The half marathon route was changed more times that I can shake a stick at, and on the day it involved running four laps of the 5km route, which actually turned out to be close to 22 km in length. That’s if you actually ran four laps of the course, because nobody was counting. Really, I couldn’t make this up. I felt so sorry for the first time runners. At the end of the day, I’m just really happy that nobody came to any harm.
Congrats! I bet it was a beautiful place to run!
It is! St. Andrews is a lovely place and there are many great places to run in and around the town. =) We ran on the famous beach where the iconic running scene from “Chariots of Fire” was filmed.
Oh wow, very cool! I remember visiting my friend in Edinburgh a few times and from the castle we could see off towards St Andrews. She told me about that beach. Next time I come back…..
There’s a long distance path running the whole length of the coastline of this county, which is really varied and beautiful. Next time, when you come back, make sure you give me a shout and we can run in all of those places together!
That’s a more than respectable time to run a nearly 22km race the day after running 40km. You should be well set to run your ultra. I always like to remind myself that running is a privilege and try not to take it for granted (because I sure miss it when I can’t run).
Thank you Angie! I think it’s a great attitude to have about running – it really is a privilege that we get to do it and I’m going to try and remember that in future when I want to moan about it. 😉 I’m happy with the run and it certainly was a killer back-to-back run in preparation for the ultra. 10 weeks to go now!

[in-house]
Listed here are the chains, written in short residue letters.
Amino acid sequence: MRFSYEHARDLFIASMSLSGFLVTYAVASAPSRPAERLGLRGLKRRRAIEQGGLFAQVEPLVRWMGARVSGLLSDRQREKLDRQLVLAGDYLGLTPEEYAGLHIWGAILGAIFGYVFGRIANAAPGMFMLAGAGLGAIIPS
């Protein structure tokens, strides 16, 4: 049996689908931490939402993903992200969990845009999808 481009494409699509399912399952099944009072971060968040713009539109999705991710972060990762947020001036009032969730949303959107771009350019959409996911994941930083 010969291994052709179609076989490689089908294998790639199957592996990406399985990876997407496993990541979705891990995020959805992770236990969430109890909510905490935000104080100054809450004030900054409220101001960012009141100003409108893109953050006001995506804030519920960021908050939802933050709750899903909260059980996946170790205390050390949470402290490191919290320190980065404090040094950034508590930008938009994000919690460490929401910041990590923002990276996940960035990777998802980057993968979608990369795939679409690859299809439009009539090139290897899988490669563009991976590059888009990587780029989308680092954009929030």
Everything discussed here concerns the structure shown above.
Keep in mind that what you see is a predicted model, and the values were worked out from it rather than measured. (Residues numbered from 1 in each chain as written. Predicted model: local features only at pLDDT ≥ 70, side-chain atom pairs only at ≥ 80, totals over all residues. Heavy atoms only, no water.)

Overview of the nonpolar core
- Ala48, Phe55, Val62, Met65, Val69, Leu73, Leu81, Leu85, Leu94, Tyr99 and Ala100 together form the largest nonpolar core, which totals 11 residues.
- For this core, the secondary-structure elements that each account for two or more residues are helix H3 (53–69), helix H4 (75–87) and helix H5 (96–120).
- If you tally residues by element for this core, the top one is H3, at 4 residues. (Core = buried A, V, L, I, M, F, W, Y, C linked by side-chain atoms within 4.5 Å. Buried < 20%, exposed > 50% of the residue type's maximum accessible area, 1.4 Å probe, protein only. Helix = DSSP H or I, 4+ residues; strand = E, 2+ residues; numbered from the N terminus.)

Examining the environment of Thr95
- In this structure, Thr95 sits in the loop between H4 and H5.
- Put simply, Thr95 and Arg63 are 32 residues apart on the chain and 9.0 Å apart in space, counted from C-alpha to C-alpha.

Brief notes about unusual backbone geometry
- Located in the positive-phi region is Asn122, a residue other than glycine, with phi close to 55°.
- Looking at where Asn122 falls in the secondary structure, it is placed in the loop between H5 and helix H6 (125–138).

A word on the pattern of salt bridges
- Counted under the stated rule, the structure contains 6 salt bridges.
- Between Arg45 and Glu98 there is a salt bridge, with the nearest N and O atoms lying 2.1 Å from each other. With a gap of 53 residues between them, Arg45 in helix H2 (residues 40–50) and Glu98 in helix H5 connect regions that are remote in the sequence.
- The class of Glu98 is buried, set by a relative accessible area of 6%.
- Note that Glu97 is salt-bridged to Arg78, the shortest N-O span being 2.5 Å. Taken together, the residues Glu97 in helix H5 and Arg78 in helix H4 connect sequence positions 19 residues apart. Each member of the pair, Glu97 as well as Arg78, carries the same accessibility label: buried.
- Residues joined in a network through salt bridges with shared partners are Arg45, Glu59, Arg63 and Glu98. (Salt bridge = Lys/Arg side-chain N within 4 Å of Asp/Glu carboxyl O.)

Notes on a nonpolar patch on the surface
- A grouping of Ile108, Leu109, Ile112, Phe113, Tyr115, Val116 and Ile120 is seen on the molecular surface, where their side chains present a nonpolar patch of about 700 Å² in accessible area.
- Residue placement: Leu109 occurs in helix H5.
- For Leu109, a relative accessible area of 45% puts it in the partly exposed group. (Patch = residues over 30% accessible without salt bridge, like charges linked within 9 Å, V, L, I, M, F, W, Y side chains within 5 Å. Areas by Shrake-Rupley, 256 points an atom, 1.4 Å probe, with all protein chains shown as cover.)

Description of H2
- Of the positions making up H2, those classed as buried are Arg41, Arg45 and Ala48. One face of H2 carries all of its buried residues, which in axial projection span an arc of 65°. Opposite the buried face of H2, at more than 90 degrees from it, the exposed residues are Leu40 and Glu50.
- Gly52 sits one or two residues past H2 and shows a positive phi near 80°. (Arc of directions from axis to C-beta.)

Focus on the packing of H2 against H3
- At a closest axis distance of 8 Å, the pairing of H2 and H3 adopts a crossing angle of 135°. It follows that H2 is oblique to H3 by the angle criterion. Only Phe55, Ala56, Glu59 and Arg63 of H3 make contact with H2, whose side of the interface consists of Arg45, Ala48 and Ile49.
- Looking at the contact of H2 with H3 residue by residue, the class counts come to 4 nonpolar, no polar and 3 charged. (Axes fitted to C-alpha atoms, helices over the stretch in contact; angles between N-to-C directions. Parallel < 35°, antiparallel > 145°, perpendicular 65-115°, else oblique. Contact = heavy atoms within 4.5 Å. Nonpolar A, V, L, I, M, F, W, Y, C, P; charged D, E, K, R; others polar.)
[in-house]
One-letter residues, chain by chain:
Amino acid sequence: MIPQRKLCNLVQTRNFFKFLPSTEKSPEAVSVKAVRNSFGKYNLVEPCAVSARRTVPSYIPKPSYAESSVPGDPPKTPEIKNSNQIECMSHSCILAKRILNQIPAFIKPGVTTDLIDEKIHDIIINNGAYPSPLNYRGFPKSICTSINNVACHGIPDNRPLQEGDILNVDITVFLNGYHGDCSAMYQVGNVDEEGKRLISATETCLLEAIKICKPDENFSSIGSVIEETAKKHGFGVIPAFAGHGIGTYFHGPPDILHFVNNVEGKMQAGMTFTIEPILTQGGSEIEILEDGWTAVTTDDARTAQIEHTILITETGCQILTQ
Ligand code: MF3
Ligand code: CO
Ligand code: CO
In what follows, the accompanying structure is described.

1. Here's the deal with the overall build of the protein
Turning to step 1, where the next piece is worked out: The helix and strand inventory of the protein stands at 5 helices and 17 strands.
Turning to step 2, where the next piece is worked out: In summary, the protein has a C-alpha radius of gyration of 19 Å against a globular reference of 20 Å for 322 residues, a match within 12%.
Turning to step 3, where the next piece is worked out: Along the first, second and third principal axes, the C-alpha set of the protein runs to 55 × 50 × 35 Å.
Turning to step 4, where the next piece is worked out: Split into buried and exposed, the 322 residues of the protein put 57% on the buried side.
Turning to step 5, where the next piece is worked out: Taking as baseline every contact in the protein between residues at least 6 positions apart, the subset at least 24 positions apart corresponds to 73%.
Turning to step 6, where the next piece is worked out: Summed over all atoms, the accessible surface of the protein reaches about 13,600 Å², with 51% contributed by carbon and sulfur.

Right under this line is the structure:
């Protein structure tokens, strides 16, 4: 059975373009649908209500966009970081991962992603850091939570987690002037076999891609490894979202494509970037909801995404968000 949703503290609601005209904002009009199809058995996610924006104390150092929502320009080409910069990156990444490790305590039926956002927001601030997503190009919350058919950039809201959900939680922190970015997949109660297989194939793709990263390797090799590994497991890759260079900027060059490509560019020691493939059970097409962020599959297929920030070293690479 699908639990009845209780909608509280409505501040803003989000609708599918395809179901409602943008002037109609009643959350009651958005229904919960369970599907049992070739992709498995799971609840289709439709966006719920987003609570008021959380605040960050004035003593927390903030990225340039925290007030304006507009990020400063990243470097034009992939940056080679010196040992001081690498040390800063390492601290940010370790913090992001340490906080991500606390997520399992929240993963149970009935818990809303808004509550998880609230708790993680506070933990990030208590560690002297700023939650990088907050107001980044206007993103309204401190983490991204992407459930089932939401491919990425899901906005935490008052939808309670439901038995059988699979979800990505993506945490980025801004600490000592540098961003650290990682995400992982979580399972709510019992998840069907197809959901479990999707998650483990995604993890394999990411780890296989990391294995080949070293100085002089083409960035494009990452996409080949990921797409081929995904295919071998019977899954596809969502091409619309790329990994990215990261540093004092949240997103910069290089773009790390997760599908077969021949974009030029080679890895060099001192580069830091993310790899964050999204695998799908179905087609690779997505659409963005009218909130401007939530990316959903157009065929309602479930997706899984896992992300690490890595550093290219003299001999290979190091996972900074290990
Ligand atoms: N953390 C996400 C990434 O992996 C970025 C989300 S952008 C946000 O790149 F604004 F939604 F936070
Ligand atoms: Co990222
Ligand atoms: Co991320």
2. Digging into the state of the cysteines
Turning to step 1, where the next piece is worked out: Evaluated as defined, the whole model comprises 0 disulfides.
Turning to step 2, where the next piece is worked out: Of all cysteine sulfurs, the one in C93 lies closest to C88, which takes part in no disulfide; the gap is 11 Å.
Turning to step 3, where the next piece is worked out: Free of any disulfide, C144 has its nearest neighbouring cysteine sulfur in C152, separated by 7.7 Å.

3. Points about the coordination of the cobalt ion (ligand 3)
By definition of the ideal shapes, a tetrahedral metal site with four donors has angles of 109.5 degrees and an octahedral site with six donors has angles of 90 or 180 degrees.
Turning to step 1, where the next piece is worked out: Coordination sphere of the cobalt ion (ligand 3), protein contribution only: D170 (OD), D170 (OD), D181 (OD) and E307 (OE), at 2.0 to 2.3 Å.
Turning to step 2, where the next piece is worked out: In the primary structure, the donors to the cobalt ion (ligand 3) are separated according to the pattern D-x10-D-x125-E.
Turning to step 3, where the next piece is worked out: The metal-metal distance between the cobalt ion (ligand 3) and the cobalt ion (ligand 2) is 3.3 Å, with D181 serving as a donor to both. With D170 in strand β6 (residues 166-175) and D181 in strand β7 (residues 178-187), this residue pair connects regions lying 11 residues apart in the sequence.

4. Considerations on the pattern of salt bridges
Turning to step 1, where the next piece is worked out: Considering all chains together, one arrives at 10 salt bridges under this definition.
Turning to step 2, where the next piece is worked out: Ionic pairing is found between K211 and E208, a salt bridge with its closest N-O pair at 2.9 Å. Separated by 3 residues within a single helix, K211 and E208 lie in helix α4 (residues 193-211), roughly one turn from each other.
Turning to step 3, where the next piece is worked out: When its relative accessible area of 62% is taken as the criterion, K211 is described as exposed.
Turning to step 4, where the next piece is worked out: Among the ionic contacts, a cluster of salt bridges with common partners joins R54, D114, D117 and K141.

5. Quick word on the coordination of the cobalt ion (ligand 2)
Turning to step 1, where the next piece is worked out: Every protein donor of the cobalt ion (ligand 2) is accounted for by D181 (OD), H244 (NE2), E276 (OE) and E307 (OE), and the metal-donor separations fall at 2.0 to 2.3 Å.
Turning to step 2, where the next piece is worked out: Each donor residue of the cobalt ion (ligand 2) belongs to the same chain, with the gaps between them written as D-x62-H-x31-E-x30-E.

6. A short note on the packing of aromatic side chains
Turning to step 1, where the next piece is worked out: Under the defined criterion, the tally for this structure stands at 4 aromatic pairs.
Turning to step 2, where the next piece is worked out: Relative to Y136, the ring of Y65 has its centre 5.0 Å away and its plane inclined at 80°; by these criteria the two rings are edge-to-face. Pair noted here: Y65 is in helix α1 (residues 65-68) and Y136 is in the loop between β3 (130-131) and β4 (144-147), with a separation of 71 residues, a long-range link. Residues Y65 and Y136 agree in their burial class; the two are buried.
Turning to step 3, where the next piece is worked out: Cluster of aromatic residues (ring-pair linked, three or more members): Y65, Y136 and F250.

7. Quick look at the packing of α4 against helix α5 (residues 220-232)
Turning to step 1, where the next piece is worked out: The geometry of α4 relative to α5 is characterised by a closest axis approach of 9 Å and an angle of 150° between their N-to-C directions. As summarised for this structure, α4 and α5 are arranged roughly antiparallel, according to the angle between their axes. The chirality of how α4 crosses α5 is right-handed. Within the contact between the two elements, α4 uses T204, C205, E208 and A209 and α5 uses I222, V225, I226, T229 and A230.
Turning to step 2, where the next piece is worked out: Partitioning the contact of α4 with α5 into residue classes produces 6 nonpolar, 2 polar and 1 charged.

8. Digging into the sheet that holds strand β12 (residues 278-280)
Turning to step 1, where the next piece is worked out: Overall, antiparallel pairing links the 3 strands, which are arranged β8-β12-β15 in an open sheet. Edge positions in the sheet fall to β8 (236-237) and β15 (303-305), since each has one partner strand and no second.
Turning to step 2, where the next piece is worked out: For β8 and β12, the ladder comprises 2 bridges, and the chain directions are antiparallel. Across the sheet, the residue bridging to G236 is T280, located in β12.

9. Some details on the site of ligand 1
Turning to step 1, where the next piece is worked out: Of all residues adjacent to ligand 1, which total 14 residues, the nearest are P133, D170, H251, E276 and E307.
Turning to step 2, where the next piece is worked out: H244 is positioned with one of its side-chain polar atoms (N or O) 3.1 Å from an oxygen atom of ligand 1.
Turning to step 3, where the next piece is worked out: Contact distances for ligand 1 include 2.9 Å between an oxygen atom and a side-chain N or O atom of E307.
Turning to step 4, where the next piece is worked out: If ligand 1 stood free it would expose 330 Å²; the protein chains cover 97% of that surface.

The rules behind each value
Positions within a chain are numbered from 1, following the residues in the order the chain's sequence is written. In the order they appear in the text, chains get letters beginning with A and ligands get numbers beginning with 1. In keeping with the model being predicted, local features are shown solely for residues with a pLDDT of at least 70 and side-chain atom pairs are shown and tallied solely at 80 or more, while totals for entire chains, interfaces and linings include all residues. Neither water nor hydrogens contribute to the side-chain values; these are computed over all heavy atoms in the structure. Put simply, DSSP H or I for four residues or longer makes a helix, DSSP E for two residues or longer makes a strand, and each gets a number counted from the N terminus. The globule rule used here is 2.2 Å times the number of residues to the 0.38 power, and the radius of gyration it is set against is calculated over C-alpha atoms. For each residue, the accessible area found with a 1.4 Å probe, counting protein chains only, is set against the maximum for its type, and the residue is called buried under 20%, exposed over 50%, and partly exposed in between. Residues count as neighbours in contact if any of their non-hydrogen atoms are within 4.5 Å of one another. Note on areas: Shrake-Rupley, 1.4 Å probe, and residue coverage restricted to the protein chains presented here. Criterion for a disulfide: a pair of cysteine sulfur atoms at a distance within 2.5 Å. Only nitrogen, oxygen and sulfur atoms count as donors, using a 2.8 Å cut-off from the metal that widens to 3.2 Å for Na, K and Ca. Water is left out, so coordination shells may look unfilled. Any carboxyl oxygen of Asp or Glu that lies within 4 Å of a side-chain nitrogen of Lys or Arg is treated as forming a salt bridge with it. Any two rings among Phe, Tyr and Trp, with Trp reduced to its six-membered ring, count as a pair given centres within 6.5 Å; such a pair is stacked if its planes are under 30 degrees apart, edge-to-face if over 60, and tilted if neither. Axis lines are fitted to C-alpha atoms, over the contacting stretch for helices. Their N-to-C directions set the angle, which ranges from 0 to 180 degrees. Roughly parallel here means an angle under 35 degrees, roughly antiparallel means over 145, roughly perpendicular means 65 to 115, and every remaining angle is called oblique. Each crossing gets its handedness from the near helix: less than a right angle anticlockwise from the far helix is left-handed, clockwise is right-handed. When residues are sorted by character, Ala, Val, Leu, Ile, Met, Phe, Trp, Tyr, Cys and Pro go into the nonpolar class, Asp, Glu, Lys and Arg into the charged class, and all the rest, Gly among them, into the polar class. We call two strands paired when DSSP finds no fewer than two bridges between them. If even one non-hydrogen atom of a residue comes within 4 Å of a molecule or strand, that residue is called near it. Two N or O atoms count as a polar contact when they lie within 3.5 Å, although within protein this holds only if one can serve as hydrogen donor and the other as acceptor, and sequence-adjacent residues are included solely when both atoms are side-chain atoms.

Oh dear. Sounds like a crazy day, but a good experience nonetheless. Mental training is so important for an ultra so it sounds like you’re doing well in that respect. Well done for getting through it and staying positive. 🙂
Thank you! I couldn’t agree more, if nothing else, it was a great mental workout! 😀
I love your race recaps, and this race sounds utterly ridiculous. Great job sticking it out and running it after that long trail run!
Thank you, Lily! It was all pretty silly – it didn’t bother me that much, I still got a lot out of it personally. But I did feel really bad for the first timers…
The race sounds a bit mad…I agree, what a poor experience for first time racers. Such a shame. It seems like you still got a lot out of it though: don’t they say every run is a learning experience?
Absolutely! I learned a lot about dodging cars and basic survival skills! 😉
Nice job! This will be a good race to look back on when you’re at a tough part in your ultra. You can say to yourself, “If I could tough it out then, I can do it now.”
I hope so too, Amy! I’m also really happy that my legs felt so strong after all the running the day before. I’m getting there with the ultra-readiness…
I can’t believe you did so well after that. And what a crappy race! Sounds like it was a disaster!
Hey Courtney! From an organisational point of view, it really was a disaster on all fronts. But that doesn’t mean that I didn’t get a lot out of it personally. I still had a good time of sorts! 😉
Congrats on getting through that tough run! 🙂 I think you did an awesome job!
Great post. A shame about the organisation but it sounds like you’re well on track for your ultra!
Thank you – I really hope so! 😀 I still have several weeks of training to get through, but I’m certainly happy with where I’m at right now!
Good post.Great achievement given your run the day before. Glad someone else thought the race was chaos. The sand part x 4 was tough especially rejoining the road. I heard the distance was suspect. I had planned a sub 1:50 time but could only mamage 1:52:44. I was born in St Andrews and travelled up from Glasgow to compete. Take care.
Ugh, it’s a shame that you travelled for this race, you must have been so disappointed… =( The race was so terrible, it was described as a “farce” on the front page of the newspaper the next day. The distance was definitely quite a bit longer than 21.1, so you might well have actually run sub 1:50. I don’t know if you are aware of this, but there’s another race that is held on the West Sands on June 1st. It’s by completely different organisers, and this race is always superb. If you want to do a St. Andrews race, that’s the one to do. You even get fudge doughnuts at the end. 😉